It would benefit the continent immensely if African countries open up their economies for investors, as it will speed up the success of the African Continental Free Trade Area (AfCFTA) agreement, European Union Ambassador to Ghana, Diana Acconcia, has said, adding that such a move won’t undermine the rules of origin arrangement.
Concerns have been raised by some trade experts on the possible impact over-reliance on Foreign Direct Investments (FDI) could have on the trade deal, arguing it will only create market for big industries outside the continent thereby undermining the rules of origin which essentially are the criteria that seek to determine the national source of a product so as to know how duties, tariffs and restrictions should be applied.
When this happens, they argue, the very purpose of instituting the AfCFTA agreement, i.e., to strengthen African industries to drive economic growth on the continent will be defeated, as the foreign firms will always repatriate profits back to their countries. However, the AfCFTA is aimed at creating a large market where goods and services produced on the continent can move across member states with an agreed cheaper or free tariff system.
But contrary to such concerns, Ambassador Acconcia says this is rather the time for Africa to attract more foreign investments to its industrial sectors as the trade pact will benefit countries which have industrial powerhouses.
“I don’t agree that FDI’s undermine the rules of origin. I think FDI can rather make a huge contribution to the success of the AFCFTA. If the continental free trade is about promoting national transformation of Africa, then industrial transformation is huge investment. Investment can come indeed from Africa and I think industrial power houses like South Africa and Morocco have a huge contribution to give.
But FDIs from other continents and, of course, from Europe is already hugely present in African and particularly in Ghana. Some of the companies have been established for many years in Ghana. They produce in Ghana, employ Ghanaians, use local raw materials anytime they can. So, to say that a product produced in Ghana with Ghanaian materials defy the rules of origin, only because the nationality of the owners is foreign, is wrong and gives a wrong signal to investors,” she said in an interview with the B&FT.
She further stated that investors around the world are looking for opportunities to expand their frontiers, hence, the establishment of a single market in Africa has come in handy for them and countries on the continent must capitalise on this.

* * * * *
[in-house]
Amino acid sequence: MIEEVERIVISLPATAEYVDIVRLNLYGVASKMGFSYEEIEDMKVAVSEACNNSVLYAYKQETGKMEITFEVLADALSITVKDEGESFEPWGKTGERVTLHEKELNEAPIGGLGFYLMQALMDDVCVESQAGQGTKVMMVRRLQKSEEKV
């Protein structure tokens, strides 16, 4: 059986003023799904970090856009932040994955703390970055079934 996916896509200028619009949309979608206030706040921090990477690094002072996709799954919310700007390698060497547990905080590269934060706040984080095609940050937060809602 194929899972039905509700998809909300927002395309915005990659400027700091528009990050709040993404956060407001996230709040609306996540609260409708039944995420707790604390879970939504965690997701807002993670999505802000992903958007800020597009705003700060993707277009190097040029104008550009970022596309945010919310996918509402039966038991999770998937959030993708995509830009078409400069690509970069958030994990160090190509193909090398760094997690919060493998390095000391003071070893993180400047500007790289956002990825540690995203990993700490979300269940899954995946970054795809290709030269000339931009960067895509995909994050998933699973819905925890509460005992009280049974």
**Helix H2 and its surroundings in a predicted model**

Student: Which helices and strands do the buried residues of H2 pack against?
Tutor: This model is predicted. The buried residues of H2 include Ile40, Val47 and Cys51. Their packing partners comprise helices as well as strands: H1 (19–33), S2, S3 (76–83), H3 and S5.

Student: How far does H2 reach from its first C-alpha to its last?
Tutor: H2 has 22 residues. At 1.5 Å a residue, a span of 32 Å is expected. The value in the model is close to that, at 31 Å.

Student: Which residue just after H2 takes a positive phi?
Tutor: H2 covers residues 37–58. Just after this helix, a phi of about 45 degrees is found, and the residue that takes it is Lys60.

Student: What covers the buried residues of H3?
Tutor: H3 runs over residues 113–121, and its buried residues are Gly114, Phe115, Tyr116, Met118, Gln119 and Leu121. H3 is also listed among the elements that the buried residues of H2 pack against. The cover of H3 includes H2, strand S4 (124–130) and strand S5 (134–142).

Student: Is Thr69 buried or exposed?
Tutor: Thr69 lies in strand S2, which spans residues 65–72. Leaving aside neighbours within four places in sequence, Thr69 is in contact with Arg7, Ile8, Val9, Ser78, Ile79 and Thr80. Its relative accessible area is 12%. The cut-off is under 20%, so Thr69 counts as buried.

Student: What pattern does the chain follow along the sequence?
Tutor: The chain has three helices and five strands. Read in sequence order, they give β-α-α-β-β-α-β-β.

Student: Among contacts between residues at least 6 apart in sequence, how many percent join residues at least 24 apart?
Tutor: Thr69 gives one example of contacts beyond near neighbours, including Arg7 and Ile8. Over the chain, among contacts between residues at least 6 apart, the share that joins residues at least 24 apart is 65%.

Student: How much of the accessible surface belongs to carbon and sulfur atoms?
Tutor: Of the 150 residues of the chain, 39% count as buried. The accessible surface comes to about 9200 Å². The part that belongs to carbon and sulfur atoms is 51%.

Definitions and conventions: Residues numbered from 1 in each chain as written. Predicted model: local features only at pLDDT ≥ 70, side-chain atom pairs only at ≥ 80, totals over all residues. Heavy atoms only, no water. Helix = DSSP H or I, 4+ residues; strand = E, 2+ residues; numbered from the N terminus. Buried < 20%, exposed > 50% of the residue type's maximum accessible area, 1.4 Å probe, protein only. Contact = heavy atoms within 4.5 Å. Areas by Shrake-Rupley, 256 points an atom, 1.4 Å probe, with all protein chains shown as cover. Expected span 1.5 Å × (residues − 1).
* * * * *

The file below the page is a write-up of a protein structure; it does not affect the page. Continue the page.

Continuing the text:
“The continent should open to investors. Investors are looking for opportunities all over the world. Africa needs investment; Ghana needs investment and it doesn’t matter where this investment comes from. The investors are already aware of the challenges of the AfCFTA. They know there are traditional and physical barriers in developing the continental trade in Africa. There are regulatory barriers; there is also the tendency for each state to look at itself.
So I believe that if there is political will of each African state to open their market, to genuinely fight the non-tariff barriers, to accept the that trade is a two-way exchange, to be open on self-collaboration among companies in different countries, to be open to supporting neighbours that are less developed, the AfCFTA will be successful,” she said.
A recent report from the World Bank has said the AfCFTA will play a pivotal role in continent’s quest to bounce from the global pandemic, as the trade pact connects 1.3 billion people across 55 countries with a combined GDP valued at US$3.4 trillion.
“A successful implementation of AfCFTA would be crucial. In the short term, the agreement would help cushion the negative effects of COVID-19 on economic growth by supporting regional trade and value chains through the reduction of trade costs. In the longer term, AfCFTA would allow countries to anchor expectations by providing a path for integration and growth-enhancing reforms,” the report stated.